J Balvin has been criticized for his “Perra” music video. Even the reggaeton star's mother asks: “Where is the Josésito that I know?” (Emma McIntyre/Getty Images for Global Citizen VAX LIVE)
J Balvin apologized earlier this week for a music video that featured Black people whose facial features were altered to make them look like dogs, including two Black women who were depicted as being walked on a leash by the reggaeton star. Critics of the “Perra” video include the vice president of Balvin’s native Colombia — who co-signed an open letter that the song’s lyrics, and video feature “misogynistic expressions that violate the rights of women” — and the singer’s own mother, who told a Colombian news program that the video prompted her to call her son to ask “Where is the Josésito that I know?”

Balvin’s apology, posted in his Instagram stories on Sunday, arrived roughly a week after the video quietly disappeared from YouTube. “I want to say sorry to whomever felt offended, especially women and the Black community,” Balvin said in Spanish. “That’s not who I am. I’m about tolerance, love and inclusivity.”

The music video is the latest controversy for the “Mi Gente” singer, who has been criticized throughout his career for culturally appropriating from Black artists and making tone-deaf statements about race. Amid widespread protests over racial justice last year, Balvin was slammed for posting a video of him dancing with a Black woman alongside the Black Lives Matter hashtag. (He later pledged to “do better”.) But the outcry over “Perra” — which features rising Afro-Dominican rapper Tokischa — also highlights long-standing issues in the genre that made Balvin a pop star.

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Reggaeton grew out of predominantly Black communities in Panama and Puerto Rico decades ago, but its surge up the pop charts in recent years has positioned White or light-skinned artists as its most visible stars. In his apology, Balvin noted his desire to support Tokischa, “a woman who supports her people, her community and also empowers women,” and other up-and-coming artists.

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Tokischa’s involvement in the song and video, where she appears on all fours in a doghouse, has sparked debate on social media, with some defending her agency as an artist and as a woman embracing her sexuality in a male-dominated genre; others offered criticism, citing her role as just another example of a non-Black reggaeton artist like Balvin using a Black woman for commercial clout.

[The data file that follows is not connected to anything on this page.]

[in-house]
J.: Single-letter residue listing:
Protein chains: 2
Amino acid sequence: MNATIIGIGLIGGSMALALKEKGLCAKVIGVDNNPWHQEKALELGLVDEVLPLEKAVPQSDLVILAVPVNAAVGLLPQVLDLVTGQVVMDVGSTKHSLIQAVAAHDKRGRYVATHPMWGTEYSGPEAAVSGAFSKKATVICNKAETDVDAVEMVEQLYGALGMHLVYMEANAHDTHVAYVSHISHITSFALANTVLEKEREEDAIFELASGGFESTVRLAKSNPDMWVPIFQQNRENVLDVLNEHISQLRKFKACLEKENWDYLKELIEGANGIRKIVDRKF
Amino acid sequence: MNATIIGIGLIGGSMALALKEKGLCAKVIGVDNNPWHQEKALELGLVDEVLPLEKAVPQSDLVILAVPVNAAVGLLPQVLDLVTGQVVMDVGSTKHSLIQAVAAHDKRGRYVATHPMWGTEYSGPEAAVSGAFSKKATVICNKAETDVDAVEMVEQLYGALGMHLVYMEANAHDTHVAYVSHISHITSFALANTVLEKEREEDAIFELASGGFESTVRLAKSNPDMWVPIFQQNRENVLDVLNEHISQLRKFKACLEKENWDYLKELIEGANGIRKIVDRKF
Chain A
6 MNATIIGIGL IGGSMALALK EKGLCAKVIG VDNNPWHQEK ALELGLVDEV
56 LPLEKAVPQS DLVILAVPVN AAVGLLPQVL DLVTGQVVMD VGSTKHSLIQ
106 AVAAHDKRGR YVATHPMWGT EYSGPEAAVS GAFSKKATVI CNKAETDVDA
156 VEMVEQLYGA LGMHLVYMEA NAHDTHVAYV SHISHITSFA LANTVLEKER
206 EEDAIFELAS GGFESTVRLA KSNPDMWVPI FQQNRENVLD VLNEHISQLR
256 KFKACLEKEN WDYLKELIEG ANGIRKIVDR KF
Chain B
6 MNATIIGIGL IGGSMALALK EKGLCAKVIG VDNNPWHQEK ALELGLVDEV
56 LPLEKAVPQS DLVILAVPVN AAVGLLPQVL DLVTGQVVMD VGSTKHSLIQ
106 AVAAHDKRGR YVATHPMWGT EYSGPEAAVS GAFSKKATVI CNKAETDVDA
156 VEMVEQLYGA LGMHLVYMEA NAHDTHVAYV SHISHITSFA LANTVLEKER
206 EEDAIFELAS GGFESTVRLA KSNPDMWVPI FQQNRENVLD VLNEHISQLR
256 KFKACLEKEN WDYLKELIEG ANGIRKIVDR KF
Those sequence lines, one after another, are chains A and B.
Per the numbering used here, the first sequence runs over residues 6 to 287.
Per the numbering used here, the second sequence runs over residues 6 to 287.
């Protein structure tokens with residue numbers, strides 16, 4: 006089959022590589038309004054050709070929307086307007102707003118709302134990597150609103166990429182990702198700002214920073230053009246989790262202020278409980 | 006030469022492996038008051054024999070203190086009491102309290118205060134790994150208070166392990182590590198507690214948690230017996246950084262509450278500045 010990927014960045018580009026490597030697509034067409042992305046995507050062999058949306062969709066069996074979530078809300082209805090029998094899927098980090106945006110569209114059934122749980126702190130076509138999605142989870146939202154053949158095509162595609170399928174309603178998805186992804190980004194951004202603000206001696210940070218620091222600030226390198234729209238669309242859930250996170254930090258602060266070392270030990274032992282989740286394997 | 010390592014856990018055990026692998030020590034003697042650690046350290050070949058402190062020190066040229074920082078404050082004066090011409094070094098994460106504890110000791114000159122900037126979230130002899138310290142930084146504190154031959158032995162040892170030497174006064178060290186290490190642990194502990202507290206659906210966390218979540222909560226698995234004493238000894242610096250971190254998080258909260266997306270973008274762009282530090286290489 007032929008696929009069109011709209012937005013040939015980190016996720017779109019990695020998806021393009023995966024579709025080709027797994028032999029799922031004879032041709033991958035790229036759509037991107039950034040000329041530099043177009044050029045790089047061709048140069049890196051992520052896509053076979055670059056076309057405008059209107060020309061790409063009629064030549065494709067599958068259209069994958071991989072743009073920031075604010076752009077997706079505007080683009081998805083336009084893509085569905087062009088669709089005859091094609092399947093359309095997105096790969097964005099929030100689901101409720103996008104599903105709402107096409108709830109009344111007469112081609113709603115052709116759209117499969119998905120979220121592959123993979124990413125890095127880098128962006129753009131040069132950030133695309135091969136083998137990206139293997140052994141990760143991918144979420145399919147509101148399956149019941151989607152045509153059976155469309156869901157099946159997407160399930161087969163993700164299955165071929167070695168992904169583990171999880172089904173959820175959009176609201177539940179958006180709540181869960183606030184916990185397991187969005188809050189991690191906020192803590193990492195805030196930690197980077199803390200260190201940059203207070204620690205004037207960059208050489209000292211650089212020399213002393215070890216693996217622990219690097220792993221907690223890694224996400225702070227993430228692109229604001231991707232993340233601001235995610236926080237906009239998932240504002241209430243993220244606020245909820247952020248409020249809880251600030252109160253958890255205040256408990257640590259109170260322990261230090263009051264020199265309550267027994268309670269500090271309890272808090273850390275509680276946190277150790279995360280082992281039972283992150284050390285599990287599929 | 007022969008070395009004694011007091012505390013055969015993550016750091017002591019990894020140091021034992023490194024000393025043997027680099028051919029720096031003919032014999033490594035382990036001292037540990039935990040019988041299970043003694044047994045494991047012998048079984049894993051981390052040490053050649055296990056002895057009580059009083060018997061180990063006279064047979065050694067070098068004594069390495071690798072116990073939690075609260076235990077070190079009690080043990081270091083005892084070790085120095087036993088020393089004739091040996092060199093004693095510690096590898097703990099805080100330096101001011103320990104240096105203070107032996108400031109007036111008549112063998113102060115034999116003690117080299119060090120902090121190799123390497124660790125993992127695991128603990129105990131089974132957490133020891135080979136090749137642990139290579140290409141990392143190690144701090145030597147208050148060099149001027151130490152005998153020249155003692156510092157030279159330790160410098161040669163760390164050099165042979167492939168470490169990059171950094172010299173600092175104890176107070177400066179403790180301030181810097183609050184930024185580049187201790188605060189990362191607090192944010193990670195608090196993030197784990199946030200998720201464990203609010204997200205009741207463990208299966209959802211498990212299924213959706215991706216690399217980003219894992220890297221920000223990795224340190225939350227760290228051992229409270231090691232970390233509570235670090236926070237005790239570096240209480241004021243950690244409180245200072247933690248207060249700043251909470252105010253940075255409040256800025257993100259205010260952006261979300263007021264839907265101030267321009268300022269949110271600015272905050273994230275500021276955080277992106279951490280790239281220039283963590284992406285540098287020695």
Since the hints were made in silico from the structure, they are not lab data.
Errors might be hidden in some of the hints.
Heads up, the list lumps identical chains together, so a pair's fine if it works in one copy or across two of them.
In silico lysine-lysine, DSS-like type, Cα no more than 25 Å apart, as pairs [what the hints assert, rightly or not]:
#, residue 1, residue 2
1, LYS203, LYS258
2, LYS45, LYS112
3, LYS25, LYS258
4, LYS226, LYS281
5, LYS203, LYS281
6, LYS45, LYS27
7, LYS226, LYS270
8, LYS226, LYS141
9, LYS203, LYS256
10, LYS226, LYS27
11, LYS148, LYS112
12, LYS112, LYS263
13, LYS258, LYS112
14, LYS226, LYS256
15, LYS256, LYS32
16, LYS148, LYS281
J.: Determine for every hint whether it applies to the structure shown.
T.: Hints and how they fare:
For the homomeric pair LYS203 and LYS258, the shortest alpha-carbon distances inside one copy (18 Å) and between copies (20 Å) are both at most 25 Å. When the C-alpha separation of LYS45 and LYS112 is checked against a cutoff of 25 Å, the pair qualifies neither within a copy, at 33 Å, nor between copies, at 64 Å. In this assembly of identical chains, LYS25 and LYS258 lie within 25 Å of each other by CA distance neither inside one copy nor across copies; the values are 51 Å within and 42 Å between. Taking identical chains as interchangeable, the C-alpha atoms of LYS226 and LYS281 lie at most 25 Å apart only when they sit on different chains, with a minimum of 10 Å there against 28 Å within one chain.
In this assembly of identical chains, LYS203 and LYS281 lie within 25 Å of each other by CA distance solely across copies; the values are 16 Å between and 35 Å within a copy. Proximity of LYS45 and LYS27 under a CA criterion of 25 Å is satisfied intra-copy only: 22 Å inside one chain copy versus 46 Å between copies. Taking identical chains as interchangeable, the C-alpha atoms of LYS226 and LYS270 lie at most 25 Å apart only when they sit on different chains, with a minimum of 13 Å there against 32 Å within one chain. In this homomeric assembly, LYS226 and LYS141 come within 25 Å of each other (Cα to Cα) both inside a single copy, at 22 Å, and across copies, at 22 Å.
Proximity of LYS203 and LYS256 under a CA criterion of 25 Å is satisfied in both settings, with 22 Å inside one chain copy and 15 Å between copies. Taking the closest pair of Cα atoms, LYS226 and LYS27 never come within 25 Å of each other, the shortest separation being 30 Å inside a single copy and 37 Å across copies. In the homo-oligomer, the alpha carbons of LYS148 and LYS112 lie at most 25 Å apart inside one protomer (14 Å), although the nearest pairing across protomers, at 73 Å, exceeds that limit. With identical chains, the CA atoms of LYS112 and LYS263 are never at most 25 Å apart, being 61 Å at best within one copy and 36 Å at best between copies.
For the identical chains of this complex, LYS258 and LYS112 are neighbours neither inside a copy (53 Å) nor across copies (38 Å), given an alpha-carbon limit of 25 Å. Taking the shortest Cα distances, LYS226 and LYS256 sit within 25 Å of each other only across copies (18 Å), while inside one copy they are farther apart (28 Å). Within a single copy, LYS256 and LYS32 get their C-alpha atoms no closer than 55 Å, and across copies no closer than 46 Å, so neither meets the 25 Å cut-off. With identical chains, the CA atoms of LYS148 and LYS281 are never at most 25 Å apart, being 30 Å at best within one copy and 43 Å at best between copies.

For her part, Tokischa defended the “Perra” video as “conceptual,” in an interview with Rolling Stone. “If you, as a creative, have a song that’s talking about dogs, you’re going to create that world,” she said. “I understand the interpretation people had and I’m truly sorry that people felt offended. But at the same time, art is expression. It’s creating a world.”

Tokischa’s manager, Raymi Paulus, who directed the “Perra” video told Rolling Stone that the dog theme was meant to evoke “the realities” of life in the Dominican Republic’s “barrios.” “Our creative process never aimed to promote racism or misogyny,” Paulus added. “The Dominican Republic is a country where most of the population is Black, and our Blackness is predominant in underground scenes, where the filming took place, and which was the subject of the video’s inspiration.”

Tokischa added that she was not part of the decision to remove the video, and that she had approached Balvin to collaborate with her on the track. “He came here to record with me and to share his platform with me,” she said. “Now I’m like ‘What did I get Jose in?’”

Balvin has emerged as a defining figure in reggaeton, particularly following his 2017 collaboration with Beyoncé, on a remix of “Mi Gente,” and subsequent Coachella performance. He has become a champion of the genre and of Latin artists, even as his career has embodied many of the disparities within the industry.

In recent years, Balvin has been among a cohort of reggaeton artists boycotting the Latin Grammys for relegating the Latin pop genre to urban and specialty categories. But that thread of criticism, which Balvin echoed after this year’s nominations were announced last month, fails to recognize the Black artists — including many of Balvin’s collaborators — whose work has been repeatedly overlooked by the Latin Recording Academy.

In his apology video on Sunday, Balvin directly addressed his mother. “Mom, I’m sorry,” he said. “Life gets better each day. Thank you for listening to me.”

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